So is it the case that men really write worse sex, or does the Literary Review not include romance novels in its scope because, well, many people would take it as a given that they can include eye-gougingly horrible sex descriptions?

Man hiding face

Maybe it’s down to the differences between how men and women communicate about sex. I don’t just mean the way they speak about it, but how they encounter it outside of their personal experiences. For the generations of authors who are nominated for the award, I would guess that women were more exposed to sex in novels than men were. Men who are in their 40s and upward now may have learned about sex more through pornographic videos and movies, or nudie magazines – media where the language used would be less diverse than in novels. Could that lead to them using stilted, awkward language when writing about sex themselves?

Do you think men deserve to be nominated for the Bad Sex in Fiction award in such great numbers? Why do you think they make the list more often? Does writing bad sex reflect thoughtlessness  or less finesse when it comes to real-life sex? Or does it show that men are less comfortable communicating about sex than women are?


  1. I have no idea if men are worse than women at writing sex scenes, but in the case of “The Shape of Her” I can understand why it won.
    “screwed himself into her” – I laughed out loud, and thought “how very uncomfortable” at the same time 🙂

    1. It’s an awful comparison, isn’t it? I pictured a penis like a tapeworm, which really is a mood killer. Of course, the book is apparently meant to explore sexual relationships, not be titillating, but still that expression turned my stomach. And it made me picture the woman as being a cork board. Not a book I’ll be putting on my Christmas list.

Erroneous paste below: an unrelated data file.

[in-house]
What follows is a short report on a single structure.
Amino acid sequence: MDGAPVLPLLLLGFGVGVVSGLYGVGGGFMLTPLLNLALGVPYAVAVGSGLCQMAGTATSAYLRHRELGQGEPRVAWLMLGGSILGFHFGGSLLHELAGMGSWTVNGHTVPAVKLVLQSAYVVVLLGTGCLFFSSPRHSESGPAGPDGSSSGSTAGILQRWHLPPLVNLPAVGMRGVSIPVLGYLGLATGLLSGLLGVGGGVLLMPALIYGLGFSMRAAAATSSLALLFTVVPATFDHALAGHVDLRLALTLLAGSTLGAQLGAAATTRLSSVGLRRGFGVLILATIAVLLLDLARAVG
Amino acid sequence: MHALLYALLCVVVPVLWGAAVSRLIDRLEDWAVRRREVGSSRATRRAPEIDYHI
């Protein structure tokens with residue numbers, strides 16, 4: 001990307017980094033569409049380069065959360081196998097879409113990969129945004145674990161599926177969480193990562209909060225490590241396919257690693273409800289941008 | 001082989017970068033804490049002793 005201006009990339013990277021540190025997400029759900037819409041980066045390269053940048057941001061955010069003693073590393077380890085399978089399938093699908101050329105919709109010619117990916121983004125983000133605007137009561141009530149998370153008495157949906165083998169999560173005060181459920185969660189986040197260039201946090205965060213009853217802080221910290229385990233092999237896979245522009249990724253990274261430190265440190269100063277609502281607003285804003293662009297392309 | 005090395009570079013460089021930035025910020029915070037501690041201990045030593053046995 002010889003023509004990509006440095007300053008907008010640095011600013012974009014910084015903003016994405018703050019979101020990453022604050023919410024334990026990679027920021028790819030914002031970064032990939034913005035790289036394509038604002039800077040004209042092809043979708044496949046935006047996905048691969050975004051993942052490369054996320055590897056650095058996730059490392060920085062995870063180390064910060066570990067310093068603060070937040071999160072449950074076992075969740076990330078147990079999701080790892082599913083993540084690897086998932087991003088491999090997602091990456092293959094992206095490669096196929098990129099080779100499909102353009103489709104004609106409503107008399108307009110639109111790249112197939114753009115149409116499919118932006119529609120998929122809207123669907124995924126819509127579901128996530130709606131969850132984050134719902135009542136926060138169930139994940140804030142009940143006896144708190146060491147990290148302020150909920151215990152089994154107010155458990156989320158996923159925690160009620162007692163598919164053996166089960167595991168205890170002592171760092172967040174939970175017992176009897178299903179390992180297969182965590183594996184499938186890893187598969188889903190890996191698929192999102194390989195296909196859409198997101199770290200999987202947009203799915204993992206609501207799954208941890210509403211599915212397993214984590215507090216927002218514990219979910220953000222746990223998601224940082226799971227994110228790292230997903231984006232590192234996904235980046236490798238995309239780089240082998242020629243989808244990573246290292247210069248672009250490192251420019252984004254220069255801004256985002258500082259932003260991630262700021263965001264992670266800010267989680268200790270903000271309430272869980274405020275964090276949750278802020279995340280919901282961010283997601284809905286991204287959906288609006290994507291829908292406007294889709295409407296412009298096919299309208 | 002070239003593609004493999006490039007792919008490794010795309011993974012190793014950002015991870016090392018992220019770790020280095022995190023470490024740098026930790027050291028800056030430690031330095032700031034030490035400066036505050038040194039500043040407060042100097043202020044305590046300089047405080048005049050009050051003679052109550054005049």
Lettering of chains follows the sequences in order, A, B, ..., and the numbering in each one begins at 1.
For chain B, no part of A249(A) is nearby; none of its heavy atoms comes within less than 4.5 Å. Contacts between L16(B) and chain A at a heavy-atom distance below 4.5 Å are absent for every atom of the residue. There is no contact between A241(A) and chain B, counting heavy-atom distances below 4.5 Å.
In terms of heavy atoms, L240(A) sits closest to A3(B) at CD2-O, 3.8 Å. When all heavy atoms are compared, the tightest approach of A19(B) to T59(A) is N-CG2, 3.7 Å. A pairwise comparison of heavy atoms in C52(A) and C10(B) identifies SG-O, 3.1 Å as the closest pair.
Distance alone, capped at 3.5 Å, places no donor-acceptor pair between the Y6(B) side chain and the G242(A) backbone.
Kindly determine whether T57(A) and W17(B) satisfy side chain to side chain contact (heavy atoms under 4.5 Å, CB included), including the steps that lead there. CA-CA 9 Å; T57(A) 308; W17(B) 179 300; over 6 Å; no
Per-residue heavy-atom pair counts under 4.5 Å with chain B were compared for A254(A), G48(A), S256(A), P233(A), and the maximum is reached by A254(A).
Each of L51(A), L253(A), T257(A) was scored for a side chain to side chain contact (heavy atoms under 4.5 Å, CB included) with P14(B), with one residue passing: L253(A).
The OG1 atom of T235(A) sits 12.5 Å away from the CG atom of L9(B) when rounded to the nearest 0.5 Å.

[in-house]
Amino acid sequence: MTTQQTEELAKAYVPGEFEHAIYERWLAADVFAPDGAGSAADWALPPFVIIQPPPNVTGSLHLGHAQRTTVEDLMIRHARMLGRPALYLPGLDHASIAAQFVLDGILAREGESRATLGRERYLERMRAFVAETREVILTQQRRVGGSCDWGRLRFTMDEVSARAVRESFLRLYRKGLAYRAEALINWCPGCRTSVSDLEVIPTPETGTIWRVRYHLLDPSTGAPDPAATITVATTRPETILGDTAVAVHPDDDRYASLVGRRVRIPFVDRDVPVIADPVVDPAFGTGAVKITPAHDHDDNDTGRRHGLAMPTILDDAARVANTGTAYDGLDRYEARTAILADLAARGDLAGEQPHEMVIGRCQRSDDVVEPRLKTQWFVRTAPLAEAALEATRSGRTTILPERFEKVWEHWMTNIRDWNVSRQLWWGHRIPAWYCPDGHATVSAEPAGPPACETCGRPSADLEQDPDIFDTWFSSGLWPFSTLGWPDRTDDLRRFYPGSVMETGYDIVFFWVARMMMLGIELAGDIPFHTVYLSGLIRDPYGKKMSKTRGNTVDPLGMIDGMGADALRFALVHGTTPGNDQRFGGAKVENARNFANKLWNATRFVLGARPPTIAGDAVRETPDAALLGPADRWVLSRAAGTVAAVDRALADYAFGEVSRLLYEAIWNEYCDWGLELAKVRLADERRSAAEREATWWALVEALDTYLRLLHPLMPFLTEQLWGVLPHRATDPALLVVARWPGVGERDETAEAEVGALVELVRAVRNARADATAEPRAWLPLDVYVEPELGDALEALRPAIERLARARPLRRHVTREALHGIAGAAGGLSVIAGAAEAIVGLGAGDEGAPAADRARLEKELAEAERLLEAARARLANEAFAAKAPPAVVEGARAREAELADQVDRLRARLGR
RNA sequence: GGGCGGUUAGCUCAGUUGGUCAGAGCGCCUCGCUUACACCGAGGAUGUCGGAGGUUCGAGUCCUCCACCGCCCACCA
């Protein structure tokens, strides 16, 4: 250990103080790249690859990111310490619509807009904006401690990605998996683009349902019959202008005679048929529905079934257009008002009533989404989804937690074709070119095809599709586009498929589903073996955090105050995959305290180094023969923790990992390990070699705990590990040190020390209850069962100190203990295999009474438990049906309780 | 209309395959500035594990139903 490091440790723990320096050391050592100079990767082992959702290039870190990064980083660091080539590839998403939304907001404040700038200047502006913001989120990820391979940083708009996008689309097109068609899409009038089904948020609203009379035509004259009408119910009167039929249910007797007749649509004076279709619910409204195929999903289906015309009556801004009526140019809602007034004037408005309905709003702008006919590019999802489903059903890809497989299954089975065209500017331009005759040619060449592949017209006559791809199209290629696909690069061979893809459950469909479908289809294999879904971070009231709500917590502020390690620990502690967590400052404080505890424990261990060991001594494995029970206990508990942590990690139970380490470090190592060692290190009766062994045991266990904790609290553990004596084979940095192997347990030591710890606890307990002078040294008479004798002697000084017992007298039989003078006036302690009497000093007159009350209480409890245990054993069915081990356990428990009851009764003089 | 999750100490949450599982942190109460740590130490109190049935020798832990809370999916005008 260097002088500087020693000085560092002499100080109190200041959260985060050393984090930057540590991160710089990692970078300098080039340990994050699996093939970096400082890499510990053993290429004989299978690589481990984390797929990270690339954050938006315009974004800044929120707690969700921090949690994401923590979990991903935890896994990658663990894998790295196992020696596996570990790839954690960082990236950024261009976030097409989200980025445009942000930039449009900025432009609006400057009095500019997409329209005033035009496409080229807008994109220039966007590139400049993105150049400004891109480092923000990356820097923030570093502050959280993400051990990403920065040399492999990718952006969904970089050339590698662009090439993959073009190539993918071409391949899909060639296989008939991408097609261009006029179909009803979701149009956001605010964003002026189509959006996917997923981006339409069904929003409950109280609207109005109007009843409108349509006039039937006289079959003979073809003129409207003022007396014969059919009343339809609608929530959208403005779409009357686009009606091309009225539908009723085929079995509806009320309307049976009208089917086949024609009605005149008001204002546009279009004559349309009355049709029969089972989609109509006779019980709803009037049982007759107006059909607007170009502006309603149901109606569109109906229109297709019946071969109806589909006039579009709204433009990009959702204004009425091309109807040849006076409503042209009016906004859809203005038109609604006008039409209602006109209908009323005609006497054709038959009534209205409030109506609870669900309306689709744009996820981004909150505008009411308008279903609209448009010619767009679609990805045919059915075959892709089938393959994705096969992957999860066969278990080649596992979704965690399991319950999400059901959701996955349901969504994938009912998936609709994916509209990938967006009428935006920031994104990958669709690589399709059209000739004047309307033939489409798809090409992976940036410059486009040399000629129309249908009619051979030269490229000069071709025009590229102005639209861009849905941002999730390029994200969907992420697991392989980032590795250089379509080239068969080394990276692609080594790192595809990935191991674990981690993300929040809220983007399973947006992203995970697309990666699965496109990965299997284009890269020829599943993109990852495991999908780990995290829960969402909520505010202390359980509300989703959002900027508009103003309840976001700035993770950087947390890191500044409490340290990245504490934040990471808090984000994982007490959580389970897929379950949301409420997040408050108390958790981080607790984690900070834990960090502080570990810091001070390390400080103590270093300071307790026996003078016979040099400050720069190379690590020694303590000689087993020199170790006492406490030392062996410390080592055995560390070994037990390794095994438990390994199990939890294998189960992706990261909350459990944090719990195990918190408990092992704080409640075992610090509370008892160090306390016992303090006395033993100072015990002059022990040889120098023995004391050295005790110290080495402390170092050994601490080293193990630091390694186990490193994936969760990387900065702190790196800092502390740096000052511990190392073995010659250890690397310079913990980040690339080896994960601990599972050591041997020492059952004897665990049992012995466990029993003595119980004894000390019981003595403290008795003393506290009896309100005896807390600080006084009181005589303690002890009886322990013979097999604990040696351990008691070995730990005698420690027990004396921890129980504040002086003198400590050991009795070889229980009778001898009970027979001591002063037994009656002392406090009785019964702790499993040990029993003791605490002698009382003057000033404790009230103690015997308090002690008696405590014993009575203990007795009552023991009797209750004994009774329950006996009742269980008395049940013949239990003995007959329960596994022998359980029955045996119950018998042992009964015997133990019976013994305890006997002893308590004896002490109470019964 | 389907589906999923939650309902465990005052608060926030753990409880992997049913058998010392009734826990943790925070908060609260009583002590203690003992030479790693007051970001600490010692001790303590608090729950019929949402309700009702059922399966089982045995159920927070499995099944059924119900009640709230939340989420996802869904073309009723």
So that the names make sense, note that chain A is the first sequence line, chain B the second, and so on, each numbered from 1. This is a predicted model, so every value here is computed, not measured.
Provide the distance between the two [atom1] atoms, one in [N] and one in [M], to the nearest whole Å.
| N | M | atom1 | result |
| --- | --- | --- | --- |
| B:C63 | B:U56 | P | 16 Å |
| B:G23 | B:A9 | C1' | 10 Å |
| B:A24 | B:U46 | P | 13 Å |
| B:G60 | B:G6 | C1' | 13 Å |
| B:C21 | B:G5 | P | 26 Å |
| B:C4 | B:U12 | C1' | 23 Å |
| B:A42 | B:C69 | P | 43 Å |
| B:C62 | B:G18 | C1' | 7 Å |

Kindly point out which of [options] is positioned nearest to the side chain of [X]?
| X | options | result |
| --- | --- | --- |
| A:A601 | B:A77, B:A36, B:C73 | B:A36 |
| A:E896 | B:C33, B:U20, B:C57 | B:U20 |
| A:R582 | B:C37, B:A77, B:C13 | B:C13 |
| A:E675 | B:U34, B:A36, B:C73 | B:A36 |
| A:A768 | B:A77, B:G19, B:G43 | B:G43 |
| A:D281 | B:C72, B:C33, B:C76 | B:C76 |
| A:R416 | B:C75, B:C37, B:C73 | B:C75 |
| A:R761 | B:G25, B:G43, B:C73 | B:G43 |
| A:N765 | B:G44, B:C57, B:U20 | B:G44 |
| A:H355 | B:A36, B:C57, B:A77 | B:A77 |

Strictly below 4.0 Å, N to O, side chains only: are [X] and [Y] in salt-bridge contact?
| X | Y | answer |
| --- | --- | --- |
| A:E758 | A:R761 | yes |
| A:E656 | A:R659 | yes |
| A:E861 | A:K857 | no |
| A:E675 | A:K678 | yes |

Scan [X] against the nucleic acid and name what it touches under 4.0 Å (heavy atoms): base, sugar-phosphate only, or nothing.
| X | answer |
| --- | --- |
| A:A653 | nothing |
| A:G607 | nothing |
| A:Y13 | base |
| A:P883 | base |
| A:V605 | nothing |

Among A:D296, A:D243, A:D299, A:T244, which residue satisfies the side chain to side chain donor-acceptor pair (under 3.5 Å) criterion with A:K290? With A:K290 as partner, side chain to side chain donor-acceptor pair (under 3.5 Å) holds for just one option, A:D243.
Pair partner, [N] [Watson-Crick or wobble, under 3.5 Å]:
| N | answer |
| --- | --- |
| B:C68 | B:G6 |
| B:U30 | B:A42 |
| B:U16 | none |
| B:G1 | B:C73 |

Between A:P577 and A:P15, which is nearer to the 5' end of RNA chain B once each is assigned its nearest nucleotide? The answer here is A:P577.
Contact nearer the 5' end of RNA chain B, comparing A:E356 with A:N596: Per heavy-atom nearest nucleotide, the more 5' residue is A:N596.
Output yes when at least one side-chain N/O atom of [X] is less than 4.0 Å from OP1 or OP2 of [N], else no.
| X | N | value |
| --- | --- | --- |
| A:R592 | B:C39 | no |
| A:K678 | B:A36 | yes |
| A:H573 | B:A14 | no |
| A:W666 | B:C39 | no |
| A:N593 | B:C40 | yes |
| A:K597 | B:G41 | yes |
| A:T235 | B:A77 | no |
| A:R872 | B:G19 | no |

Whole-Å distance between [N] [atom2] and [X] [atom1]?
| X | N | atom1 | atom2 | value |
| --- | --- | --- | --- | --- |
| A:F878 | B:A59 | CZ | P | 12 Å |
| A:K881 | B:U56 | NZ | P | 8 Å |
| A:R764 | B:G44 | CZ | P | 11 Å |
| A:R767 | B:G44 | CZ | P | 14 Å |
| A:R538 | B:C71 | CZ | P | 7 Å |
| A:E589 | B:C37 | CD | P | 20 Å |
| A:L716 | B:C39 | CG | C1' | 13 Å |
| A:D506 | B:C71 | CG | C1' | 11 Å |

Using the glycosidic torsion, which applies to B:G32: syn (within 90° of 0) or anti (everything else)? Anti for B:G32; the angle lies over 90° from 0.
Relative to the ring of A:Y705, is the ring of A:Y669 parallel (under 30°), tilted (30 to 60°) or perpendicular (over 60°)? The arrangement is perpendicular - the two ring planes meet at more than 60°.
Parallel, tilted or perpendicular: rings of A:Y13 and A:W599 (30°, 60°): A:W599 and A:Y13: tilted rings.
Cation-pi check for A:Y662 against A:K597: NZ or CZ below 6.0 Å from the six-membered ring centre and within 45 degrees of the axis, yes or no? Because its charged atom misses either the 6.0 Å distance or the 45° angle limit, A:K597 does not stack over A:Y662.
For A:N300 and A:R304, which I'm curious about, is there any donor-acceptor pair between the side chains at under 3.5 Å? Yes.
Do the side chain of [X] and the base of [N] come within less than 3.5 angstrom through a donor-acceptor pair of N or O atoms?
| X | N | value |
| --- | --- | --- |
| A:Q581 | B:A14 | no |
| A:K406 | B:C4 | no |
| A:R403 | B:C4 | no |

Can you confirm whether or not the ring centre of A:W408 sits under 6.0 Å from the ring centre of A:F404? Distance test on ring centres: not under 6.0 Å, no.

2. I think it’s the difference in the sexes. Most men just think differently than women. Maybe a man would read that above comment and think it makes sense to them lol. I am reading a romance by a man at the moment and it just doesn’t ring true to me. There isn’t a man that I’ve ever known that would talk or think the way the man in this book thinks. Not to say there aren’t some out there, but I don’t know any lol.

    1. That’s really interesting that you’re reading a romance by a man and it’s the hero who doesn’t ring true, catslady. I would’ve thought the heroine might not feel realistic, since I know many women struggle with writing credible male characters.

      I think you’re right about the difference between the sexes, too. After I posted this on Twitter yesterday, a man (@jatrudel) tweeted me and said:

      Goes to social IQ and dif psych forces btween sexes. Men think they don’t equate sex & love, yet their egos say women do.